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Improve Sleep Habits in Children

Disruptive Electronic Devices Should Be Eliminated

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Updated February 20, 2014

Written or reviewed by a board-certified physician. See About.com's Medical Review Board.

Improve Sleep Habits in Children
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Children are sometimes subject to the same sleep disruptions as adults, with potentially serious consequences. Fortunately, there are many ways to improve your child's sleep.

Being Attentive to Sleep Hygiene

Sleep professionals sometimes refers to the habits surrounding sleep as "sleep hygiene". This includes the important behaviors in the period of time just prior to falling asleep, which should be a time of relaxation.

Here are some basic guidelines that are useful in adults and teens, and with only slight modification the same advice applies to children.

Eliminating Distractions from the Bedroom

Perhaps the most important consideration for children is to address elements in the sleep environment that may be disruptive to sleep. How can your child sleep well if there are other engaging activities available at his or her whim?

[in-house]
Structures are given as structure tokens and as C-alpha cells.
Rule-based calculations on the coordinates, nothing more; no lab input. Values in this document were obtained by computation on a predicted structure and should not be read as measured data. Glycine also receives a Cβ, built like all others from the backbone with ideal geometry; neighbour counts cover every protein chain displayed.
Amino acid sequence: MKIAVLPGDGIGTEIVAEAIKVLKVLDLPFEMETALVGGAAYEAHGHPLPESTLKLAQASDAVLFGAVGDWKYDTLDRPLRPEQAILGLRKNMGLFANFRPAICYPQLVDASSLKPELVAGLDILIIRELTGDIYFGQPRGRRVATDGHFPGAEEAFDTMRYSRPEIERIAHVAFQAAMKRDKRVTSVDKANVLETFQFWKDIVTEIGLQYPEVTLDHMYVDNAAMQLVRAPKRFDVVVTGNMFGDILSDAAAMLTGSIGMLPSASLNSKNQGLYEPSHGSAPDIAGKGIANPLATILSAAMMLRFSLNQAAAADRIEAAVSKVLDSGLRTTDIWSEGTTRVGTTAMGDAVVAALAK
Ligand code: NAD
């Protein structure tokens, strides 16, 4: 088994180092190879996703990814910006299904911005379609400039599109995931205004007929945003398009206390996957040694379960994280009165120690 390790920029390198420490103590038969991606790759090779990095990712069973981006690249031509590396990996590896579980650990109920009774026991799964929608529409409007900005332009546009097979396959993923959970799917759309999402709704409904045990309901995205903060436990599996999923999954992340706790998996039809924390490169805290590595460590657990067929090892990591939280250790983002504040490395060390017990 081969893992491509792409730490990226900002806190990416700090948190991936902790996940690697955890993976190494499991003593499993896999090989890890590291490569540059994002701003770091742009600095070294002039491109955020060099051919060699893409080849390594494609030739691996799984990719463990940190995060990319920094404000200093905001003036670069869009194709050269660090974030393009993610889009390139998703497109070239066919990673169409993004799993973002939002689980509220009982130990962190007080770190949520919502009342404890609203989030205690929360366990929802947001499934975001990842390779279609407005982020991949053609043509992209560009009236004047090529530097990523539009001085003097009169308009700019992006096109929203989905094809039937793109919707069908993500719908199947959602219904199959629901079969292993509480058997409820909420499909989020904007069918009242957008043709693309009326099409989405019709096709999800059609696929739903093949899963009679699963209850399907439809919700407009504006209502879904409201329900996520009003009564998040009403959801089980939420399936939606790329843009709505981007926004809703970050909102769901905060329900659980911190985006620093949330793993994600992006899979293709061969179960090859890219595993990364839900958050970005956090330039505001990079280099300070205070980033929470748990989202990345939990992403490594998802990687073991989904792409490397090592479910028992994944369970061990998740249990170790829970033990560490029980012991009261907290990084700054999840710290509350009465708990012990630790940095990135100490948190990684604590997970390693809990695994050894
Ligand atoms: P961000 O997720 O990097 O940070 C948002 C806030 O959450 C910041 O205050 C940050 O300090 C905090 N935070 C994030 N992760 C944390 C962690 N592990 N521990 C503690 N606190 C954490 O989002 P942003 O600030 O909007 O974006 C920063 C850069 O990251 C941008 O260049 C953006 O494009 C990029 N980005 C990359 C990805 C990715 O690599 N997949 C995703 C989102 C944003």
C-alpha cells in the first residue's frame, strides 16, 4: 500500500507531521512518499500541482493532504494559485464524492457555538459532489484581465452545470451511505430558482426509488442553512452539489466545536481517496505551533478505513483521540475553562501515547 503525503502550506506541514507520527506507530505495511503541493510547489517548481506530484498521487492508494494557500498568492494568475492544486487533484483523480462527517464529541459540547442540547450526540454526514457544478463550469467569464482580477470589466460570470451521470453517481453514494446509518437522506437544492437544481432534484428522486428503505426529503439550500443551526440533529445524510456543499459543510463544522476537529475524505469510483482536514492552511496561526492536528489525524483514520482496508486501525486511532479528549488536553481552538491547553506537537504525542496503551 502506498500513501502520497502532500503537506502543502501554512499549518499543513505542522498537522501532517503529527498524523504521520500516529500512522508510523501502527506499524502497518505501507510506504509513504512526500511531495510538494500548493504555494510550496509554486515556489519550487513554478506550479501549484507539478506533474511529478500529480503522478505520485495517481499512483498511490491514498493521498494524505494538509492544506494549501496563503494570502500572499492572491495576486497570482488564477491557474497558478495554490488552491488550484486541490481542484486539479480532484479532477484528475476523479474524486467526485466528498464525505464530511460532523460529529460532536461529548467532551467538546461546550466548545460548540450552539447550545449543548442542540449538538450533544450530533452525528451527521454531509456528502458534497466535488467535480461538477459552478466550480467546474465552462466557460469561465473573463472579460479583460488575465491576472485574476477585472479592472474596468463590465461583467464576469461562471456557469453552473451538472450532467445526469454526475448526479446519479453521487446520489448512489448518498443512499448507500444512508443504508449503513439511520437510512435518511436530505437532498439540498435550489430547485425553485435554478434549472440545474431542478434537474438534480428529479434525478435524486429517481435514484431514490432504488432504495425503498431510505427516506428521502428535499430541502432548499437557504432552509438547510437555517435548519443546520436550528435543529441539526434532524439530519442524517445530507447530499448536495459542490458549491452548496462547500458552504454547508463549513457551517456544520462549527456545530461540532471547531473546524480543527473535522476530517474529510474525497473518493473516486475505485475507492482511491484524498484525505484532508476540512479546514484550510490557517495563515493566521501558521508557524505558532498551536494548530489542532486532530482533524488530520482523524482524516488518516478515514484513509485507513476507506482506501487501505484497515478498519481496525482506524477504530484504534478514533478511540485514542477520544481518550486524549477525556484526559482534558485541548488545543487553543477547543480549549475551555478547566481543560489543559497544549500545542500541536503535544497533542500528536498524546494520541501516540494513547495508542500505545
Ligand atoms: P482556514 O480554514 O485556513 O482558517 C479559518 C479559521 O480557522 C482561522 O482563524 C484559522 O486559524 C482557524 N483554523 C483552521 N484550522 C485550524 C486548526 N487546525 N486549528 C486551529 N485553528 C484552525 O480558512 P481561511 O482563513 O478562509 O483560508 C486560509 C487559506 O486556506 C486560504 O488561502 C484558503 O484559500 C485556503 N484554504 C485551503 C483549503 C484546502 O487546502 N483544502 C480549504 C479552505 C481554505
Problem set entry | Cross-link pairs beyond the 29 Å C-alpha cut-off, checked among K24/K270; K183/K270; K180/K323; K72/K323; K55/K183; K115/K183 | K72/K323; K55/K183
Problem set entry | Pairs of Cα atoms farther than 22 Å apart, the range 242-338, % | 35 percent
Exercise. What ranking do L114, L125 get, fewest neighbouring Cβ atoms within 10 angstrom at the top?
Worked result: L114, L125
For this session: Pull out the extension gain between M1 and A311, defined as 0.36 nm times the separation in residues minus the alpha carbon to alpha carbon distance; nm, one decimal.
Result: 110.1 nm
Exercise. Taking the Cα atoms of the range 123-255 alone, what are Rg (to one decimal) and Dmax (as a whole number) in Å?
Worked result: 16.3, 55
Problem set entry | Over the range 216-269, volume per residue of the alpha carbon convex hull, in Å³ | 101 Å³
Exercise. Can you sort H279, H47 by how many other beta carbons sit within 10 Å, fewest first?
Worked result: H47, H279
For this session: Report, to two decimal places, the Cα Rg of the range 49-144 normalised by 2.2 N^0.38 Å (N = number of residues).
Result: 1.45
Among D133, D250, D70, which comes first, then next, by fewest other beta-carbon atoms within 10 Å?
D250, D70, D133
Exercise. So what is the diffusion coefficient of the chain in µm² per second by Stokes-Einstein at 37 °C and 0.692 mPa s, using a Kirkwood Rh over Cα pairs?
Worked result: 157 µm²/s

Children require a consistent, relaxing bedtime routine, just like adults. Part of this requires that parents recognize the importance of sleep and that they be willing to set some boundaries.

Some of the disruptive activities that should be eliminated from the bedroom environment include:

  • Watching television
  • Talking on the telephone
  • Texting
  • Computer use
  • Electronic gaming

These and other similar activities may keep your children awake and affect their ability to transition to sleep. As much as possible, the bedroom should be reserved for sleeping.

Consequences of Poor Sleep Habits

Children are especially susceptible to consequences of sleep disruption. They may be more likely to have hyperactive behavior, difficulties with attention, and poor impulse control. They are also less likely than adults to appear sleepy when deprived of sleep, so it can be difficult to tell that they haven't been sleeping enough. Studies have shown that injury rates among preschool-aged and early school-aged children are significantly higher in those with sleep disorders than in those without. Moreover, sleep difficulties may result in problems with growth. All these reasons and more stress the importance of improving sleep hygiene for our children.

Sources:

Durmer, JS and Chervin, RD. "Pediatric sleep medicine." Continuum. Neurol 2007;13(3):153-200.

Owens, JA et al. "Sleep disturbance and injury risk in young children." Behav Sleep Med. 2005;3(1):18-31.

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